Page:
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Banning Ranch Conservancy v. City of Newport Beach

Supreme Court of California

March 30, 2017

Banning Ranch Conservancy Plaintiff and Appellant,
City of Newport Beach et al., Defendants and Appellants; Newport Banning Ranch LLC et al., Real Parties in Interest and Appellants.

         Superior Court Orange County, Ct.App. 4/3 G049691 No. 30-2012-00593557 Robert Louis Becking, Temporary Judge [*], Nancy Weiben Stock and Kim Garlin Dunning Judge

          Leibold McClendon & Mann, John G. McClendon, Douglas M. Johnson and David H. Mann for Plaintiff and Appellant.

          The Law Office of Julie M. Hamilton, Julie M. Hamilton and Leslie Gaunt for Friends of the Canyon as Amicus Curiae on behalf of Plaintiff and Appellant.

          Law Offices of Stephan C. Volker, Stephan C. Volker, Alexis E. Krieg and Daniel P. Garrett-Steinman for North Coast Rivers Alliance as Amicus Curiae on behalf of Plaintiff and Appellant.

          Lisa T. Belenky; Coast Law Group and Marco Gonzalez for Center for Biological Diversity, California Native Plant Society and Coastal Environmental Rights Foundation as Amici Curiae on behalf of Plaintiff and Appellant.

          Aaron Harp, City Attorney, Leonie Mulvihill, Assistant City Attorney; Remy Moose Manley, Whitman F. Manley and Jennifer S. Holman for Defendants and Appellants.

          Joshua P. Thompson and Christopher M. Kieser for Pacific Legal Foundation as Amicus Curiae on behalf of Defendants and Appellants.

          The Sohagi Law Group, Margaret M. Sohagi, Nicole H. Gordon and R. Tyson Sohagi for League of California Cities and California State Association of Counties as Amici Curiae on behalf of Defendants and Appellants.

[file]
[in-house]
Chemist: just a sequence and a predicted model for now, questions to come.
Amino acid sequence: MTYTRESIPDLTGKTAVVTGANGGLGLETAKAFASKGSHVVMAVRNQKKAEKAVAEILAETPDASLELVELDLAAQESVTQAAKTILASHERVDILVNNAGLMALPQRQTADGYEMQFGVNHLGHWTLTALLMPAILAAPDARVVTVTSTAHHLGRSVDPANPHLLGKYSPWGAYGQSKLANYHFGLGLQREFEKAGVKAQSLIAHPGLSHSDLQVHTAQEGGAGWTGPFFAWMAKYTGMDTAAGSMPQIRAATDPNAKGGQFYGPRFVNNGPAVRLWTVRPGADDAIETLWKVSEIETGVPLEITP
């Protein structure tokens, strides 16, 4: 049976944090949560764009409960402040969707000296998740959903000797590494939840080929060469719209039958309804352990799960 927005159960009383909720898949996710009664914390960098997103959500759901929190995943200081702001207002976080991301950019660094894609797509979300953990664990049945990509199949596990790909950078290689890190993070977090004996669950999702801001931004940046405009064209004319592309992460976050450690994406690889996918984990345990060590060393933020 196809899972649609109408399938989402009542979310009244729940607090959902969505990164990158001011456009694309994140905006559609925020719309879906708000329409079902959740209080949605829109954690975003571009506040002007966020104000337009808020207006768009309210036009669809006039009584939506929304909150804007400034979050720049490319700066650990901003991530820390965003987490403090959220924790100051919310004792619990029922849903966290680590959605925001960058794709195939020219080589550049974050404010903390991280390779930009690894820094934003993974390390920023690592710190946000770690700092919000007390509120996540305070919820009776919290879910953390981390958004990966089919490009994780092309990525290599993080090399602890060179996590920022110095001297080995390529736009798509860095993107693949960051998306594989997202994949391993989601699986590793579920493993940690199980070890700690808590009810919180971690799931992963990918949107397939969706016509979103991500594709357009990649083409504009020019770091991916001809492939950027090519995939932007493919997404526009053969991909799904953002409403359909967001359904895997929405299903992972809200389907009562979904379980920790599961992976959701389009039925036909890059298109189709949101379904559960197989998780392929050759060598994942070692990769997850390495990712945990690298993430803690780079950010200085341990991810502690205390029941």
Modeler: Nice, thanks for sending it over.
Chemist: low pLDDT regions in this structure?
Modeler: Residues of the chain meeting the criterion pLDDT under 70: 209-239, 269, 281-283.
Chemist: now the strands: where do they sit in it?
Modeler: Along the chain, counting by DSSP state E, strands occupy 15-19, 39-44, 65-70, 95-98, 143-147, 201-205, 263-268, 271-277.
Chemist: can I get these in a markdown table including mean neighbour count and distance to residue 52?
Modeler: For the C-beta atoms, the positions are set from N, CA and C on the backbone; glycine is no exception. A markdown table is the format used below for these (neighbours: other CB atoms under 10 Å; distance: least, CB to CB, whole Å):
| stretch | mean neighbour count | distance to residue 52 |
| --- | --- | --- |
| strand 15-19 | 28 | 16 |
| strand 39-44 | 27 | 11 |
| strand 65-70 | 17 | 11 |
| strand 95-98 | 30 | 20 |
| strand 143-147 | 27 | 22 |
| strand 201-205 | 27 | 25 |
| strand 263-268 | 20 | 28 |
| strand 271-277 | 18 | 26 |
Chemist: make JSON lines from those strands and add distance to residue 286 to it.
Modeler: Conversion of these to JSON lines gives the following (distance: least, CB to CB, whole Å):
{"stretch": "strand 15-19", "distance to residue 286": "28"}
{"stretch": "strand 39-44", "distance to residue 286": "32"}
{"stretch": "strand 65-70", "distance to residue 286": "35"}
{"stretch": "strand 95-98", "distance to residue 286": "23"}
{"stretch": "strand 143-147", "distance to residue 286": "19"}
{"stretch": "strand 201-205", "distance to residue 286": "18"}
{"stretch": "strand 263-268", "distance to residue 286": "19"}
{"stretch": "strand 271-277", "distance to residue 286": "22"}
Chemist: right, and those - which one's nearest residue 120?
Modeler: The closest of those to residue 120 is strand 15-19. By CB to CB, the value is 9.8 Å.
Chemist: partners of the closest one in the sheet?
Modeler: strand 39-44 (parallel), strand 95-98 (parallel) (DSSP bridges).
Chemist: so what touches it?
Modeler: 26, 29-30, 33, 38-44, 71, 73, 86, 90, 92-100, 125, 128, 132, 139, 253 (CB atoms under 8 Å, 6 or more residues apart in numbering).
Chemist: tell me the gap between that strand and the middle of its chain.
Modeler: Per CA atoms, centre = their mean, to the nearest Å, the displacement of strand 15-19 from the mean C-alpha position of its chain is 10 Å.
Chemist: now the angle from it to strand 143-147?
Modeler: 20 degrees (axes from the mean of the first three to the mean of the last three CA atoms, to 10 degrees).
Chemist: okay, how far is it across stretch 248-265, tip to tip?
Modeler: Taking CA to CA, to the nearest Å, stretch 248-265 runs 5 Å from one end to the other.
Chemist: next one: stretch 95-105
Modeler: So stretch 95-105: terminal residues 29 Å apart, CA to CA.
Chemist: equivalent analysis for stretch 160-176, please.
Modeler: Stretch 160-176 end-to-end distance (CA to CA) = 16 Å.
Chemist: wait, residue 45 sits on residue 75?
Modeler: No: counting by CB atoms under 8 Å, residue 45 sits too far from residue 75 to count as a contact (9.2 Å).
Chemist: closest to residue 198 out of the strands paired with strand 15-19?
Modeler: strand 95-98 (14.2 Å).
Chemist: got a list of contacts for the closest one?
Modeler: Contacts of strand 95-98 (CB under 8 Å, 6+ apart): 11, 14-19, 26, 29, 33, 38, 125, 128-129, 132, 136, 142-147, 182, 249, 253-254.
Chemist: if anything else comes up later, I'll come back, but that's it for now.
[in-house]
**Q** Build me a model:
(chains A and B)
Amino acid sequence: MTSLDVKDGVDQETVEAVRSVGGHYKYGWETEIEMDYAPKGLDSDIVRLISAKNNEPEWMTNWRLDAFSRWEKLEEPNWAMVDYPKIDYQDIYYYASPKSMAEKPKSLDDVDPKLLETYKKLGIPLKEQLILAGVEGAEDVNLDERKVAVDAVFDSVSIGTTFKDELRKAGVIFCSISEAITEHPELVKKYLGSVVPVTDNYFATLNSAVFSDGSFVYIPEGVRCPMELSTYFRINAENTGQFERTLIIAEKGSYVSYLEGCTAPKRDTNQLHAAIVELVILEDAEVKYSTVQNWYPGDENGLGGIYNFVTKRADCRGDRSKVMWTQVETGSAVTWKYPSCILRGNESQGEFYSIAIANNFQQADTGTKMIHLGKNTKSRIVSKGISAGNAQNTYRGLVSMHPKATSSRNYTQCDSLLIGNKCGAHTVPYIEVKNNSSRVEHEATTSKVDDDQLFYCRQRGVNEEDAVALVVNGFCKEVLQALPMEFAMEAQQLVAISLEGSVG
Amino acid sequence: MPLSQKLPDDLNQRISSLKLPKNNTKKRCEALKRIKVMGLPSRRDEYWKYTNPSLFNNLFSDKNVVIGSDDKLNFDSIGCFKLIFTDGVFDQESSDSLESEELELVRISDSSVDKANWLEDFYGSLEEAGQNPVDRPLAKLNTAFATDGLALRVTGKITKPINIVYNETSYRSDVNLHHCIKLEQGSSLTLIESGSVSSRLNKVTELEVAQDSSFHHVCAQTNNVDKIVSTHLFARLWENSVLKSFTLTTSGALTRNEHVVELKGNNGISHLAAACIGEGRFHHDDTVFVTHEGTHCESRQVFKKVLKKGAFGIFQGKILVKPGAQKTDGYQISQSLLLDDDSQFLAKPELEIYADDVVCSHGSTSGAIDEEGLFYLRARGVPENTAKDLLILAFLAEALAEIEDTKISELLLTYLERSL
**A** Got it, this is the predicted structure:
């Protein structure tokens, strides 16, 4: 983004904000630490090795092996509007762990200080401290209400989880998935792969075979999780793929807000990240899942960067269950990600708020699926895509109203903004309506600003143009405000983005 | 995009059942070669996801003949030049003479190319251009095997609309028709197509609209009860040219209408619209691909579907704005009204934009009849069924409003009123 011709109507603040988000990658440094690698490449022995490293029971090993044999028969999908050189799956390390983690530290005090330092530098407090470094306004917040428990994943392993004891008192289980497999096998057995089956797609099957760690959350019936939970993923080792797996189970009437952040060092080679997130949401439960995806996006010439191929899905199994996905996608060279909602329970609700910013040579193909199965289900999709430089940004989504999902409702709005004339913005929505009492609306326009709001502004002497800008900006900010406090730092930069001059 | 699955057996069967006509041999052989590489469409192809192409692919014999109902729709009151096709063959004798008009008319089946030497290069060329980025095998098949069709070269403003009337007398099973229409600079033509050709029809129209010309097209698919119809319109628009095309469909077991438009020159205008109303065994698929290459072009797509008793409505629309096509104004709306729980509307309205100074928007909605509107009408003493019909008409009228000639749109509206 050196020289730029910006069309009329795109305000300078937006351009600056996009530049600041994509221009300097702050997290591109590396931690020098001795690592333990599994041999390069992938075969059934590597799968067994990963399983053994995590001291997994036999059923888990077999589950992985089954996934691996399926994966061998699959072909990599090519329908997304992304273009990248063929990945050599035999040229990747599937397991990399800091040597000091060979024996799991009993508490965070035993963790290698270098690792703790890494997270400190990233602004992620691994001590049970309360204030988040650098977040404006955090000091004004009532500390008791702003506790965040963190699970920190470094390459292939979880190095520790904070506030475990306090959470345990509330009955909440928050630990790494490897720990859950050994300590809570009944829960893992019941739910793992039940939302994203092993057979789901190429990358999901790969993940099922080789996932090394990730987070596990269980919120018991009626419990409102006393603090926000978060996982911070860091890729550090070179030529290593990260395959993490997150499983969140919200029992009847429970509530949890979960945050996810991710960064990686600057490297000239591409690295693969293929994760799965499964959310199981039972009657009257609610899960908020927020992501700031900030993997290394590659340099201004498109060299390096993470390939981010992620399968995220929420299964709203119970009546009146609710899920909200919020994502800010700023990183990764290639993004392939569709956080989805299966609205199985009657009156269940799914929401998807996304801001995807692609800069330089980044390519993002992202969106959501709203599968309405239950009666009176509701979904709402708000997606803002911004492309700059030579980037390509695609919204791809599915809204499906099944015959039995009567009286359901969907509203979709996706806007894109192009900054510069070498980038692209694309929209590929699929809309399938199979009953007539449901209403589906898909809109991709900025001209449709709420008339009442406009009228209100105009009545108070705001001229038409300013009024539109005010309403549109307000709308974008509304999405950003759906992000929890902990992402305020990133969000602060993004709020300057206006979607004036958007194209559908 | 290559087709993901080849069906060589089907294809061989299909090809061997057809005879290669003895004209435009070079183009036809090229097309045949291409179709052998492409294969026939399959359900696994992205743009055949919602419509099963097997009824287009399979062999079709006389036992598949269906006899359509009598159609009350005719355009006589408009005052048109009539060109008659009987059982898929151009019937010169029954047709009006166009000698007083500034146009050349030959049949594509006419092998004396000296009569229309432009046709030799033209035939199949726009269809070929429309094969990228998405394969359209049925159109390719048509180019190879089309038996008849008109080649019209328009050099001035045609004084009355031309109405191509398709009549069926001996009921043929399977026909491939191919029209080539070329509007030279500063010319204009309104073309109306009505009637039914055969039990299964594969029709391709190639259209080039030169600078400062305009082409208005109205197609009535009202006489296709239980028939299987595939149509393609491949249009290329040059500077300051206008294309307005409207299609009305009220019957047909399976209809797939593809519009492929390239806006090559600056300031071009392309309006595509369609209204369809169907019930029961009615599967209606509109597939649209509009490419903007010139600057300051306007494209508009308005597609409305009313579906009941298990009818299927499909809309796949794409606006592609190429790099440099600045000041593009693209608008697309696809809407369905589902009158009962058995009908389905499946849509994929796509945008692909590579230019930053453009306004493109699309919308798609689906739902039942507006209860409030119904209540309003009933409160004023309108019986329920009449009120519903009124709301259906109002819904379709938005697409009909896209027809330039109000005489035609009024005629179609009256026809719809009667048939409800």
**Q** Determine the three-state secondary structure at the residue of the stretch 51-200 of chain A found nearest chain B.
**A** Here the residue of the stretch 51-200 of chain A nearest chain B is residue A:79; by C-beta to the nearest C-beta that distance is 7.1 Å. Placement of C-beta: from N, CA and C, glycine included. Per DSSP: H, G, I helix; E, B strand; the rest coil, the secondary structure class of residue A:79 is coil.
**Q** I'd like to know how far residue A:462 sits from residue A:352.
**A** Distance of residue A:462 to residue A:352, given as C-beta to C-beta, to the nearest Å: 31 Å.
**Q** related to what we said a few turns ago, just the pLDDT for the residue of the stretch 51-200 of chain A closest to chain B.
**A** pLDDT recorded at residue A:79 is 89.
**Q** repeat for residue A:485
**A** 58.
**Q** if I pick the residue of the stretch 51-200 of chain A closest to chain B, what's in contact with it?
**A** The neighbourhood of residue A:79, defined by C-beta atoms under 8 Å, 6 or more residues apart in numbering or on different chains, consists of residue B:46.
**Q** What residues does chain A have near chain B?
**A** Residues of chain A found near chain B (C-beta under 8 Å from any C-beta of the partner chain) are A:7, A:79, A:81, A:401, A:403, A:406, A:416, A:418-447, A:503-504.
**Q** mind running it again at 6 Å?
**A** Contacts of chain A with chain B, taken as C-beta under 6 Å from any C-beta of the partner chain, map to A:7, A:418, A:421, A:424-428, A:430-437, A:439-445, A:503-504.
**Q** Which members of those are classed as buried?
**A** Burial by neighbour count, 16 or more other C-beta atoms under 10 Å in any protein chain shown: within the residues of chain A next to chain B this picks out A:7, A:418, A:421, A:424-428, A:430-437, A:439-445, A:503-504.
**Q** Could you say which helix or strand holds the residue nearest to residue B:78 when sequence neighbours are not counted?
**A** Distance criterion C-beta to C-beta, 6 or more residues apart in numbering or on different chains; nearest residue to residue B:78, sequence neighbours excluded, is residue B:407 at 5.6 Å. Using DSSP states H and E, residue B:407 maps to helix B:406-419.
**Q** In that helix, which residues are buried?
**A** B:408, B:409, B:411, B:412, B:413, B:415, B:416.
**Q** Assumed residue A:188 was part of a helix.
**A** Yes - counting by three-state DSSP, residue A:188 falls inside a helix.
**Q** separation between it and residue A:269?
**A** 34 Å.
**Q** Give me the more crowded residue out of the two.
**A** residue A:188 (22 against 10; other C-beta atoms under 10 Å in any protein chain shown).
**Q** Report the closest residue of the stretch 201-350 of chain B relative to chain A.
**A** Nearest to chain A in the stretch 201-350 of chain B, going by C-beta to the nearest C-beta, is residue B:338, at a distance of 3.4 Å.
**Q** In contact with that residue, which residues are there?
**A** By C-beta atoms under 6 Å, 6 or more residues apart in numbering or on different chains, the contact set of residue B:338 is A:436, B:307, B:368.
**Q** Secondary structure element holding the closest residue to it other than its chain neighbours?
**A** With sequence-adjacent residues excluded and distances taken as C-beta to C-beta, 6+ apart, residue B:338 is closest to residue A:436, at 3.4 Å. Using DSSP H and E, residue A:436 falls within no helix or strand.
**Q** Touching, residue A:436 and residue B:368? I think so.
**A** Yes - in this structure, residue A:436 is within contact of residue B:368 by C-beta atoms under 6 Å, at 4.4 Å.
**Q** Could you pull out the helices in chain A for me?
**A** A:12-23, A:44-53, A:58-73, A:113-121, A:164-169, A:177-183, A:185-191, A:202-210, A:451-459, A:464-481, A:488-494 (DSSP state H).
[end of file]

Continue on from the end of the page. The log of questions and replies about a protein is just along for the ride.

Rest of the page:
Thomas Law Group and Tina Thomas for California Infill Builders Federation as Amicus Curiae on behalf of Defendants and Appellants.

          Kamala D. Harris, Attorney General, John A. Saurenman, Assistant Attorney General, and Jamee Jordan Patterson, Deputy Attorney General, for California Coastal Commission as Amicus Curiae.

          Corrigan, J.

         The City of Newport Beach (the City) approved a project for the development of a parcel known as Banning Ranch. Banning Ranch Conservancy (BRC) opposed the project and sought a writ of mandate to set aside the approval. It alleged two grounds for relief: (1) the environmental impact report (EIR) was inadequate, and (2) the City violated a general plan provision by failing to work with the California Coastal Commission (Coastal Commission) to identify wetlands and habitats. The trial court found the EIR sufficient, but granted BRC relief on the ground that the general plan required the City to cooperate with the Coastal Commission before approving the project.

         The Court of Appeal agreed that the EIR complied with the requirements of the California Environmental Quality Act (CEQA).[1] However, it reversed on the general plan issue, accepting the City's argument that the plan would be satisfied if the City worked with the commission after project approval, during the process for obtaining a coastal development permit.

         In this court, the parties have briefed and argued both the general plan and CEQA questions. The CEQA dispute centers on whether an EIR must identify areas that might qualify as environmentally sensitive habitat areas (ESHA) under the California Coastal Act of 1976 (Coastal Act; § 30000 et seq.), and account for those areas in its analysis of project alternatives and mitigation measures. We hold that CEQA so requires. The City's EIR is inadequate because it omitted any consideration of potential ESHA on the project site, as well as ESHA that were already identified. Because BRC is entitled to relief on its CEQA claims, we need not address the general plan issues.

         I. BACKGROUND

         A. Banning Ranch, the General Plan, the Coastal Land Use Plan, and ESHA

         Banning Ranch is a privately owned 400-acre tract of largely undeveloped property, containing both oilfield facilities and wildlife habitat. Significantly, it lies in the coastal zone that the Legislature has designated for special protection under the Coastal Act. (§ 30001.5.) Most development in the coastal zone requires a coastal development permit. (§ 30600.)